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Bucharest. How to arrive by plane, train, car. Info and connections


The charm and happiness of “Little Paris“.

The Romanian capital, for a long time mistreated by the big tourist circuits, is a city absolutely worth a visit: museums, theaters, libraries, large avenues, historic buildings and lots of nightlife. It is no coincidence that the name itself derives from the term Bucura, that is, to be happy.

You will not be indifferent to the beauty of the Lipscani district, in the historic center: a tangle of narrow streets, shops, lounge bars. Or Soseaua Kiseleff, a sort of Elysian Fields. And again: the Royal Palace, the splendid building where the Parliament is housed and Calea Victoriei, one of the most fashionable streets.

So, have the courage to pack your bags and go to the heart of Wallachia: you will not be disappointed.

Get to Bucharest



Henri Coanda Airport, also known as Otopeni, is well connected with major European destinations. Numerous companies connect the city with the major capitals, including Amsterdam, Berlin, London, Madrid, Rome and Paris.

From the airport, the Express 783 bus (recommended) connects the city center, and vice versa. Buses run day and night, and the stop is located either outside the Arrivals or Departures Terminals. They leave about every 20 minutes (40 ‘in the evening) and take a little more than 40 minutes to get to the center. Alternatively, there is the Express 780 bus connecting the airport with the Gara de Nord station; from here, it is then possible to take the train to reach the city.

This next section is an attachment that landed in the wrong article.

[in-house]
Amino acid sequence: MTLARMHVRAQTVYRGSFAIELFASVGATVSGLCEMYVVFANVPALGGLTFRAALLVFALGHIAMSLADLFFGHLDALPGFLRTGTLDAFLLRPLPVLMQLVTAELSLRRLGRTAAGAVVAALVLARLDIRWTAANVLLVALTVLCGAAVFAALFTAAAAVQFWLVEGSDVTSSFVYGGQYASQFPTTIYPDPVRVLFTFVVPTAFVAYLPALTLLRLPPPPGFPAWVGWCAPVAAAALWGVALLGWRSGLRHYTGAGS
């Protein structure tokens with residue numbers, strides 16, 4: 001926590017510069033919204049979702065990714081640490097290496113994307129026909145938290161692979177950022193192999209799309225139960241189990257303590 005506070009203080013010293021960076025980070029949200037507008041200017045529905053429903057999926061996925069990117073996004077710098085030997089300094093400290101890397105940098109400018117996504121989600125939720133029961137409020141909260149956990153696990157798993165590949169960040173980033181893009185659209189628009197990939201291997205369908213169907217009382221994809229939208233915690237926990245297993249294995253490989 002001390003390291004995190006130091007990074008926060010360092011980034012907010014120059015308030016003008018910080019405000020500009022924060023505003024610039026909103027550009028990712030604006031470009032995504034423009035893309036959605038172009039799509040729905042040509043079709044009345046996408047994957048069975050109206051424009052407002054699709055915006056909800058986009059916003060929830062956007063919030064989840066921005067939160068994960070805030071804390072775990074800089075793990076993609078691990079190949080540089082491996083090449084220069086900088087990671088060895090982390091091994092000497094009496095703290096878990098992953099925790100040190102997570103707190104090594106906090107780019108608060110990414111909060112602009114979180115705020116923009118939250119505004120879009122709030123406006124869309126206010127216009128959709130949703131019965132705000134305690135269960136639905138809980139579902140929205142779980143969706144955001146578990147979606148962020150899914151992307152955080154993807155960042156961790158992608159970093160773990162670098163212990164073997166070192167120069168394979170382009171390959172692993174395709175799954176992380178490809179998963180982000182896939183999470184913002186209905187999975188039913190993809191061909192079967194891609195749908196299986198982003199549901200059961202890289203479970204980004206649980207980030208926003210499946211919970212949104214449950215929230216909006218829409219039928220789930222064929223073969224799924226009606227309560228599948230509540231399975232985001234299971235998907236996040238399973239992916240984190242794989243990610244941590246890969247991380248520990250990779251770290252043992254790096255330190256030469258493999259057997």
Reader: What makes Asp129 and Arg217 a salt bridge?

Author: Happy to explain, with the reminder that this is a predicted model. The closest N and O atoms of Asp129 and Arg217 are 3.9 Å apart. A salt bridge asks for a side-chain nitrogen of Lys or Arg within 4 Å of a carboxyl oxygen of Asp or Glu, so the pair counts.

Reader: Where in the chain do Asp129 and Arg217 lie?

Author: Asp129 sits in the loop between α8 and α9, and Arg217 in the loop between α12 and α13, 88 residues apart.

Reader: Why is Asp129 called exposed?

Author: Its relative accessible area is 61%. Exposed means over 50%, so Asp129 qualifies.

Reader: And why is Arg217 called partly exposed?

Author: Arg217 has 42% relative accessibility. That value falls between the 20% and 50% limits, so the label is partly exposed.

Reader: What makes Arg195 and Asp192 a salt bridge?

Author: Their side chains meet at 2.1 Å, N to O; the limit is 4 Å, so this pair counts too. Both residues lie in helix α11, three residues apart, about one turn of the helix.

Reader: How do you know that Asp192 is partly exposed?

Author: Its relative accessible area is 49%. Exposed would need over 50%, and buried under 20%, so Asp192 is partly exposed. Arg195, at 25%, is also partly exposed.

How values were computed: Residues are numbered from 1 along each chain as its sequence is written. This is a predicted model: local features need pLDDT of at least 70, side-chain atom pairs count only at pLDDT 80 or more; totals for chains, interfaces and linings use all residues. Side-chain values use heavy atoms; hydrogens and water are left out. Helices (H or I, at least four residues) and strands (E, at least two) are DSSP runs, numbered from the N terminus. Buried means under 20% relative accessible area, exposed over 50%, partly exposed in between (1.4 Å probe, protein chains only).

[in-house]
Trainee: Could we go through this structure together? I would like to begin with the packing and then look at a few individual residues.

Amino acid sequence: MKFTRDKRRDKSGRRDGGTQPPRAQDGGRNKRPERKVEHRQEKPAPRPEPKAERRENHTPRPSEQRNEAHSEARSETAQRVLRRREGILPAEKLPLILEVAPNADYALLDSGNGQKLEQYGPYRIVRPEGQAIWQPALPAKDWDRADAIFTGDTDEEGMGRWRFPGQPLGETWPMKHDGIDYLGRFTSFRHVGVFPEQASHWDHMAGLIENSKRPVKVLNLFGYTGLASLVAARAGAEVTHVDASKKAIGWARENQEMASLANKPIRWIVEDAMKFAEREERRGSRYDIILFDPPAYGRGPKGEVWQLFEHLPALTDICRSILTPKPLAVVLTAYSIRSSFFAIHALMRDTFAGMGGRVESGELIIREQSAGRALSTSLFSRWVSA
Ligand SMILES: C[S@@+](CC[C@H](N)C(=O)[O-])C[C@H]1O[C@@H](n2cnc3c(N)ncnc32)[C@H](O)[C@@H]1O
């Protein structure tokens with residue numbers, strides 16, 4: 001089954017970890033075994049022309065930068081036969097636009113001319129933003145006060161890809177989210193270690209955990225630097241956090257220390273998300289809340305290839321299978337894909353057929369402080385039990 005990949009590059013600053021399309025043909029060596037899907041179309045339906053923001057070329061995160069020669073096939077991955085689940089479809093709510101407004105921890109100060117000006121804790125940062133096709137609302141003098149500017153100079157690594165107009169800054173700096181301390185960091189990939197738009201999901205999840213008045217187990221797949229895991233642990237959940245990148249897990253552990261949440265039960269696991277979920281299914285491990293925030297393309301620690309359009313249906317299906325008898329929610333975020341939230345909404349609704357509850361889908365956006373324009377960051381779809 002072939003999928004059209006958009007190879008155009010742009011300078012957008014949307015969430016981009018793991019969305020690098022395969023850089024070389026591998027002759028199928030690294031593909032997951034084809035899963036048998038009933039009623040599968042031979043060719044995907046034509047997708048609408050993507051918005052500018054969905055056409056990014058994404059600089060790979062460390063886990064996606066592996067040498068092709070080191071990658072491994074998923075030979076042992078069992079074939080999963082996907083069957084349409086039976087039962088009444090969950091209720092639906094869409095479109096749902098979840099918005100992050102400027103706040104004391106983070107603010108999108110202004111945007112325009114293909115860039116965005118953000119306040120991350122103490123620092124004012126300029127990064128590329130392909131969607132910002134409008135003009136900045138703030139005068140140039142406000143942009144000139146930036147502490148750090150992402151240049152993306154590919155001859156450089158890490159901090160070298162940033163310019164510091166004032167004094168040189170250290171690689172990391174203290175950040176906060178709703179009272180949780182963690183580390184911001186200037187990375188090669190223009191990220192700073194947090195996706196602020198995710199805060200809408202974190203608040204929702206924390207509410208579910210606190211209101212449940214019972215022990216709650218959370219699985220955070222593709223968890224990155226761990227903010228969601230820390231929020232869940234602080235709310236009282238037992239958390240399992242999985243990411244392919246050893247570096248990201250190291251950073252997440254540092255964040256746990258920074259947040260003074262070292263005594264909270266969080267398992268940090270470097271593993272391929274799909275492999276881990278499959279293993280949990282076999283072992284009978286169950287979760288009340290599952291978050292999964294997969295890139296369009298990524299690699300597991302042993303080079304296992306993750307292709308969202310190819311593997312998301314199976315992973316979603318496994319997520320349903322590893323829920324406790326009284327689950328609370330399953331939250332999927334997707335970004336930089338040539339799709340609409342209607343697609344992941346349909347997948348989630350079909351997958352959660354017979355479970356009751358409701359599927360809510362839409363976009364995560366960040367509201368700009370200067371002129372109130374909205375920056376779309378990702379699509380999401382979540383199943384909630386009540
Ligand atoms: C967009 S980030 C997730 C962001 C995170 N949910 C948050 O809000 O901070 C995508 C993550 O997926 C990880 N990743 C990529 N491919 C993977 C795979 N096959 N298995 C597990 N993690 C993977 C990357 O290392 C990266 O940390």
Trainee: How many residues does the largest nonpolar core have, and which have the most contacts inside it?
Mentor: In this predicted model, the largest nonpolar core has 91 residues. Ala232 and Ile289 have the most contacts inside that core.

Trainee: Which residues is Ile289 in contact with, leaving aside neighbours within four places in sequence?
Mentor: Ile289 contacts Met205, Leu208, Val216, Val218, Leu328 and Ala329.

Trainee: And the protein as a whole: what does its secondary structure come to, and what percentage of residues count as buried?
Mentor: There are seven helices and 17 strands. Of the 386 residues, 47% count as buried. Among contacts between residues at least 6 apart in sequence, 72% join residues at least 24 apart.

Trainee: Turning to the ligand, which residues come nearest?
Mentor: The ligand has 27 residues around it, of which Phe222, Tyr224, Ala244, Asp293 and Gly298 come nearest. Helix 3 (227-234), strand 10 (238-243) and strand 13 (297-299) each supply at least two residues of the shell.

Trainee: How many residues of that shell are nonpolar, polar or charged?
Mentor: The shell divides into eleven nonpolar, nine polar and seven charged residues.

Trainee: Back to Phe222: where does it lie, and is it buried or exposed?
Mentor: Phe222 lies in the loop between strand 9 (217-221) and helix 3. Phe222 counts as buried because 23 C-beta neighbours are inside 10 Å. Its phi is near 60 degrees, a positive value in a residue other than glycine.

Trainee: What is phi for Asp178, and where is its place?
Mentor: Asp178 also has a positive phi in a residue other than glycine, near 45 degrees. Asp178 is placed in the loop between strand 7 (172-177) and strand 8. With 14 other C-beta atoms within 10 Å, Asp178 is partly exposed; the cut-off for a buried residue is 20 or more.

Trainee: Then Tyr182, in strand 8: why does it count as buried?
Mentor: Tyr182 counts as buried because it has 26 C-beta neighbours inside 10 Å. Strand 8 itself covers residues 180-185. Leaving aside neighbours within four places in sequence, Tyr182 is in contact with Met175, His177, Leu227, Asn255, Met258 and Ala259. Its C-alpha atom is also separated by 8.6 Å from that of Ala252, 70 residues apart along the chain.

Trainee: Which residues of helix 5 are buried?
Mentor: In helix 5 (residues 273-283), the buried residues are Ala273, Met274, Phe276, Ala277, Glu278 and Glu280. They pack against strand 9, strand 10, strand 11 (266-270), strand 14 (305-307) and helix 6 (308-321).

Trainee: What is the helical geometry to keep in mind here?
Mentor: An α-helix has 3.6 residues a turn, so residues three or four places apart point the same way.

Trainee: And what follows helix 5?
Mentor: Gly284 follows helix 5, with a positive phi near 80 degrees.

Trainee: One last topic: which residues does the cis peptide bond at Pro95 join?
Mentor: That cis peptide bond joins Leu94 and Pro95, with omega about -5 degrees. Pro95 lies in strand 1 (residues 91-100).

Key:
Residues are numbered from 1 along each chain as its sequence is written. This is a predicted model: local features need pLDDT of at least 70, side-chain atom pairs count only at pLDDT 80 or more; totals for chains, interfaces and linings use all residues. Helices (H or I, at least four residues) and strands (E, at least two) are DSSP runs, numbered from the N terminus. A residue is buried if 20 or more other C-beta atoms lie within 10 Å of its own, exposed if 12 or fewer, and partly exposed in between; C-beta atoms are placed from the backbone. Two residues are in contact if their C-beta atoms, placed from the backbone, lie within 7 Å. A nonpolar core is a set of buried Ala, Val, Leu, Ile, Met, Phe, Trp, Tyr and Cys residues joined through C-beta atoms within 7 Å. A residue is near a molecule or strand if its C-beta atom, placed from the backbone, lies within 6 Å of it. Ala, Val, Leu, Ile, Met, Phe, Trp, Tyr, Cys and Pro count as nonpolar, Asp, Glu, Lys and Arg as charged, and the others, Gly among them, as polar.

By train, the Henri Coanda Express Train takes you to Bucharest’s Gara de Nord station in about an hour.


Bucharest is connected by train to the cities of Budapest, Vienna, Venice, Sofia, Chisinau, Istanbul, Kiev, Belgrade and Moscow. There are 5 railway stations: Gara Basarab, Gara Obor, Gara Progresului, Gara Baneasa and Gara de Nord; the latter is the only one to be reached by international trains, and is managed by Căile Ferate Române. Information on routes and timetables is available on the CFR official website.


We could say anything and everything about the Romanian motorway system. In terms of efficiency, it could be compared to the Italian “Salerno-Reggio Calabria”. During one of my travels, I often came across detours, construction works, and even sudden chasms. However, a journey by car is always exciting, especially if you are about to take the A1 Bucharest-Pitesti to reach Transylvania. Recommended for those who love adventure.
However, we would like to point out that the entire stretch of the motorway is free of charge, with the exception of the toll provided for crossing the Danube on the A2.

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